Legitimately using Legitimate Interests - new guidance
11 Jul 2017
New Data Protection Network guidance shows businesses how they can use Legitimate Interests to access personal data under the GDPR from May 2018
Under the General Data Protection Regulations (GDPR) the rules around consent will tighten from May 2018.
Many organisations are looking into alternative legal grounds to lawfully process personal data, such as Legitimate Interests, as an alternative to consent.
Marketers' continued use of legitimate interests under the new laws was something the DMA and partners lobbied hard for in the EU.
In 2016, the Information Commissioner’s Office (ICO) called for the industry to work with regulators to make sure it has the guidance it needs and the Data Protection Network (DPN) answered the call.
Over the last few months the DMA has been part of the DPN's GDPR Working Group, working together to produce practical guidance for marketers on Legitimate Interests.
The Guidance has been possible thanks to contributions from the DMA team, DMA members, ISBA and representatives of some of the largest companies and institutions in the UK. The resulting guidance is designed to help organisations take Legitimate Interests from concept to practice.
Rachel Aldighieri, MD at the DMA, said: “In order to prepare for GDPR in time for May 2018, businesses need to understand how, when and why they’re able to use legitimate interest as a legal basis for contacting potential customers. According to our latest GDPR and You research, one in four marketers are concerned about the issue of Legitimate Interests under the new rules.”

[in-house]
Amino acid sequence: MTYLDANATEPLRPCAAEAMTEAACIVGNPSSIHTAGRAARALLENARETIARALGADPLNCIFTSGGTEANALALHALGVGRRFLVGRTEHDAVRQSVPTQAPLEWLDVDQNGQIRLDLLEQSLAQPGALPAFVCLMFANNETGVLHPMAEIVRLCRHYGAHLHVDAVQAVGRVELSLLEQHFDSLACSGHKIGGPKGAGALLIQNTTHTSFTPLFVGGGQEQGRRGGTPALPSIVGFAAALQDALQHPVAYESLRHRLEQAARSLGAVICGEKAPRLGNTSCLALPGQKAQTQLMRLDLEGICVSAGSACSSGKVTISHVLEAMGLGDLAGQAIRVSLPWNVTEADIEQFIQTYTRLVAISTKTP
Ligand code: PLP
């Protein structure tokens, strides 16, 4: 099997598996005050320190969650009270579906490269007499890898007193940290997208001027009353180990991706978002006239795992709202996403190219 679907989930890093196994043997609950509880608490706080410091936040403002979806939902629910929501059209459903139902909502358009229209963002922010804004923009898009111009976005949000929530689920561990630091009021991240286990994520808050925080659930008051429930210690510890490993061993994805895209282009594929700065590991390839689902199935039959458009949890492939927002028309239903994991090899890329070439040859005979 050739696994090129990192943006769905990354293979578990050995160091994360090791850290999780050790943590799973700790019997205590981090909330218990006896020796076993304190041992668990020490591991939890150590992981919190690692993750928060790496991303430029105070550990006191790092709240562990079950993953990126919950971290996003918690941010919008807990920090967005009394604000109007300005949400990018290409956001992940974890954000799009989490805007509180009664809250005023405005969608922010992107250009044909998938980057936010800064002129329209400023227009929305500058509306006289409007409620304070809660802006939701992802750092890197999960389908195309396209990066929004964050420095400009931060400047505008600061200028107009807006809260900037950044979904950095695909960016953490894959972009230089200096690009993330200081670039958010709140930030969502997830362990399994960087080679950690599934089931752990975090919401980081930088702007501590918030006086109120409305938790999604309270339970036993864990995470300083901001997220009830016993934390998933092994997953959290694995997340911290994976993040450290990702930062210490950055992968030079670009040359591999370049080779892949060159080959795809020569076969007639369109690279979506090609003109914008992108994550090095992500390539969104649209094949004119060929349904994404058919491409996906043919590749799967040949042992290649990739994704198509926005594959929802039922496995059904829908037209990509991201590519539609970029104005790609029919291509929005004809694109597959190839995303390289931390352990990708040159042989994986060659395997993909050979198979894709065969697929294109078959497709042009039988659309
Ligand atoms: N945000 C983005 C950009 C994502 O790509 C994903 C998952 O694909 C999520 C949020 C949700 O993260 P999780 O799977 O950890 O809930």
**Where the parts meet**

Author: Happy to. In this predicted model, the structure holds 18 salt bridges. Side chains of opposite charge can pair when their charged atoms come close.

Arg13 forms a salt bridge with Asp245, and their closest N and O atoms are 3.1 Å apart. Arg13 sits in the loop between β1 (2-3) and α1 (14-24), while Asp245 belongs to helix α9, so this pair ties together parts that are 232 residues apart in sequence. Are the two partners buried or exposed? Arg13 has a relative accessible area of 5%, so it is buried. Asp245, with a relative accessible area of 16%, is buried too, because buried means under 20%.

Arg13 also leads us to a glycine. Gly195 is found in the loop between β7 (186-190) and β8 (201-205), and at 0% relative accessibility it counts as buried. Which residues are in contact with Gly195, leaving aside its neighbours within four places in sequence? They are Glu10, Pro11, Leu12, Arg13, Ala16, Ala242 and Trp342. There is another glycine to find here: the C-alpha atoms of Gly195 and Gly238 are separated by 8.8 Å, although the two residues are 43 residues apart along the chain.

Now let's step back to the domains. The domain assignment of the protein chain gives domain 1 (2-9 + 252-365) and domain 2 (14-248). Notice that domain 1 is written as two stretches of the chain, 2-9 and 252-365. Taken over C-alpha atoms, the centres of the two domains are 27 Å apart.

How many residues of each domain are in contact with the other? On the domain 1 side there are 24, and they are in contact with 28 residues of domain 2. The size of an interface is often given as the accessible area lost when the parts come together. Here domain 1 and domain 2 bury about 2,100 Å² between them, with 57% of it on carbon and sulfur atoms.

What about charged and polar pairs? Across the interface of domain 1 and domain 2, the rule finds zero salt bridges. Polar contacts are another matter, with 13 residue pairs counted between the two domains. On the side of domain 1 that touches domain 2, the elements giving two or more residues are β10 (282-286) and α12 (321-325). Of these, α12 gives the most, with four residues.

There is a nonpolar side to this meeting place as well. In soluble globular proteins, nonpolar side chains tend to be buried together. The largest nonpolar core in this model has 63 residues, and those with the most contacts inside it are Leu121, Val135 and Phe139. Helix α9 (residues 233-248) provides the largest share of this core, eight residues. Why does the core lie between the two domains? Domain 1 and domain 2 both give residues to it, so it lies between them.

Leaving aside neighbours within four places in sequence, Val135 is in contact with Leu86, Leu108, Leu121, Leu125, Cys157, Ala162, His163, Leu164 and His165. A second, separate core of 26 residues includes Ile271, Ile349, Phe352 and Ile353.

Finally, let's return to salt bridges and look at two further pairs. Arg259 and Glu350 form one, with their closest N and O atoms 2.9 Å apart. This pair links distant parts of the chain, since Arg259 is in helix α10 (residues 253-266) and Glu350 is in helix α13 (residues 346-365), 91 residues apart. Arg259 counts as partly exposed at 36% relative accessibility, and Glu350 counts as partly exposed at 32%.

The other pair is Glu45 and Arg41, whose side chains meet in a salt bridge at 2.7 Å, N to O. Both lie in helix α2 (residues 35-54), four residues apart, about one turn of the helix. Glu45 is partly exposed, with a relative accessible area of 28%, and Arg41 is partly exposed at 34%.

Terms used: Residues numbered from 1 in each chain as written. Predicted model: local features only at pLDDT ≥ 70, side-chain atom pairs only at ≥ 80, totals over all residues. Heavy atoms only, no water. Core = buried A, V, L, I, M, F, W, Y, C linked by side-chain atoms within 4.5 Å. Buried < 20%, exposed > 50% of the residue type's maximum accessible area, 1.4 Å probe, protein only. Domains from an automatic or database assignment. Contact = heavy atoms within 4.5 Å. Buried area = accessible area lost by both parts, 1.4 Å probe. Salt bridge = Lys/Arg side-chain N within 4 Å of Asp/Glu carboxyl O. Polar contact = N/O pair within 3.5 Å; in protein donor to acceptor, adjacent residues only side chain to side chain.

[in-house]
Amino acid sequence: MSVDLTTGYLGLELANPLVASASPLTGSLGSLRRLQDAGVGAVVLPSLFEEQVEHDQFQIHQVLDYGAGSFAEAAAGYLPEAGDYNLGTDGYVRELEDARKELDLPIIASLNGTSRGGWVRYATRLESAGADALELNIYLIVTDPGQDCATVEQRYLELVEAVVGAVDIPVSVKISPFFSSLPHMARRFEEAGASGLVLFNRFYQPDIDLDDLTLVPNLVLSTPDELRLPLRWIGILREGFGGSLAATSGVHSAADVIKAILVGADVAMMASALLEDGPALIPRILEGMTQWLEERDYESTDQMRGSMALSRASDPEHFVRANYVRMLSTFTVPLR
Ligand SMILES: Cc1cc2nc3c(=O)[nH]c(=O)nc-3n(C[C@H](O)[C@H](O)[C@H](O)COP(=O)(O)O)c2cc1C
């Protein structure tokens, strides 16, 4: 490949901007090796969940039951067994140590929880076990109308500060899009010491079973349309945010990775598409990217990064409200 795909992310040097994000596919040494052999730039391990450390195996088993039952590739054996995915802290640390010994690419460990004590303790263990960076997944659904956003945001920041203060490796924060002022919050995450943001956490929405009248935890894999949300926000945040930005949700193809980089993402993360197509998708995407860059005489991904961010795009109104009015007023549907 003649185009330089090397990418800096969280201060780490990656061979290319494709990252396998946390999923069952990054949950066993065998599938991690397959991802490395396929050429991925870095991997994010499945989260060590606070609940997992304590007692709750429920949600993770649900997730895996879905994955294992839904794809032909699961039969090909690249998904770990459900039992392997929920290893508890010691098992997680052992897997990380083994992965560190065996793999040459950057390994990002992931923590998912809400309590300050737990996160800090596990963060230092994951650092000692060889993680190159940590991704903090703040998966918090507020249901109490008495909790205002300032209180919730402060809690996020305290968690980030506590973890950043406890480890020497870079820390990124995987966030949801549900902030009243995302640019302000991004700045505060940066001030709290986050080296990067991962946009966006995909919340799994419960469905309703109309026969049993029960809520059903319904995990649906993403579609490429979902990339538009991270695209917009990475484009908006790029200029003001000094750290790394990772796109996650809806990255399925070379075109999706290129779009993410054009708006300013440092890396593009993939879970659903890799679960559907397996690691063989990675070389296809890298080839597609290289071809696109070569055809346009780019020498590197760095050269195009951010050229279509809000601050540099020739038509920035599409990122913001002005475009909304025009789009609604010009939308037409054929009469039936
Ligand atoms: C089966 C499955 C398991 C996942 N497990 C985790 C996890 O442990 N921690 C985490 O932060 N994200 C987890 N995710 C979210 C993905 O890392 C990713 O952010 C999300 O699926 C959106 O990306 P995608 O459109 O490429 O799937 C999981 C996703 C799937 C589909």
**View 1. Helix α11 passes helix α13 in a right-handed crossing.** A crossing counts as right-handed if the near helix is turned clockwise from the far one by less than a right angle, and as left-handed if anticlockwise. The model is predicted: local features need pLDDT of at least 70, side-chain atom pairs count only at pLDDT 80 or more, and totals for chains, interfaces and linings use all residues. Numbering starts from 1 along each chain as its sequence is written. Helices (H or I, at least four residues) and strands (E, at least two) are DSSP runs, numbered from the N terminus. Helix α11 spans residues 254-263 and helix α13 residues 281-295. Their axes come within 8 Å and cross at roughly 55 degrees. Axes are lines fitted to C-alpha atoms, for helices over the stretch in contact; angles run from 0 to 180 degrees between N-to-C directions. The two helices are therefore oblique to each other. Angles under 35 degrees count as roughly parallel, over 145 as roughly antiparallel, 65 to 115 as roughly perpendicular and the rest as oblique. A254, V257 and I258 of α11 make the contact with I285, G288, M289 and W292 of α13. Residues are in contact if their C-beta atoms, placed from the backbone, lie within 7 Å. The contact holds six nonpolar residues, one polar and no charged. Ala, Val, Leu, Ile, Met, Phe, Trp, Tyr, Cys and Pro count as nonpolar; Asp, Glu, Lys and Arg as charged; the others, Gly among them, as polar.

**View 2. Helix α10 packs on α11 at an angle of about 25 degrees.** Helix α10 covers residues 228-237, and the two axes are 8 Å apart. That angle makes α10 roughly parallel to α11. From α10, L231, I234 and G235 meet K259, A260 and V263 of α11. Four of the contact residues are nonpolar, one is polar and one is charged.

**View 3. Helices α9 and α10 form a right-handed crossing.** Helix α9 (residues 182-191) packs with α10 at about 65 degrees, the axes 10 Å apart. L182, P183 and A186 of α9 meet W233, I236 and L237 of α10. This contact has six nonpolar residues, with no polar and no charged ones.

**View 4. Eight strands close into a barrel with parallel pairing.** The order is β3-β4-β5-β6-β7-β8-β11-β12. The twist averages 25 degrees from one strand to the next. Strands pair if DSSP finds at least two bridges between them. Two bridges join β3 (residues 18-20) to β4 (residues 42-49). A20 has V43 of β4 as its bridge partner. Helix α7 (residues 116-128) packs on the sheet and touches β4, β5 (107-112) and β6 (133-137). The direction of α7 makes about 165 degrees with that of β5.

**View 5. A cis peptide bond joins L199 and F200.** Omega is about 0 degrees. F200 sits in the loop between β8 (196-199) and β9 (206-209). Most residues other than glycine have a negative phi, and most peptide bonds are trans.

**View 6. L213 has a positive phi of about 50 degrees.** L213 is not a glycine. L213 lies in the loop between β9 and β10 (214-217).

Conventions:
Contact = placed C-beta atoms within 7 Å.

According to the GDPR, organisations need to identify one of six lawful bases for the processing of personal data. In its draft guidance on consent, published earlier this year, the ICO stressed that consent should only be used when a genuine choice can be offered. If this is not possible, then other grounds for processing should be considered.
Legitimate Interests is one alternative, but it needs careful consideration. The interests of an organisation must not be outweighed by the privacy rights and freedoms of individuals, for example.
A draft of the DPN’s Guidance was submitted to the ICO in the spring and the initiative has been welcomed by both the ICO and the DPC in Ireland as an example of industry proactively supporting Regulators.
Aldighieri adds: “The ability for marketers to continue to use legitimate interest under the new laws was something the DMA lobbied firmly for, so it’s great to have guidance on this very important issue that has also been welcomed by the ICO.”
The final guidance includes:
- A template for conducting the crucial “3-stage test” – a Legitimate Interests Assessment (LIA)
- Examples of where LI might apply (subject to an LIA)
- Help on how organisations can fulfil the requirement to communicate the use of LI to individuals
Robert Bond, Chairman of the Data Protection Network and Partner & Notary Public at Bristows LLP, said: “I am delighted that the Data Protection Network and other collaborators have been able to publish this Guidance. I appreciate the work of all involved and the Information Commissioner’s Office for valuable scrutiny and comment. This Guidance will be kept under review and updated as necessary.”
If you need help preparing for the GDPR, download our GDPR checklist to help you plan.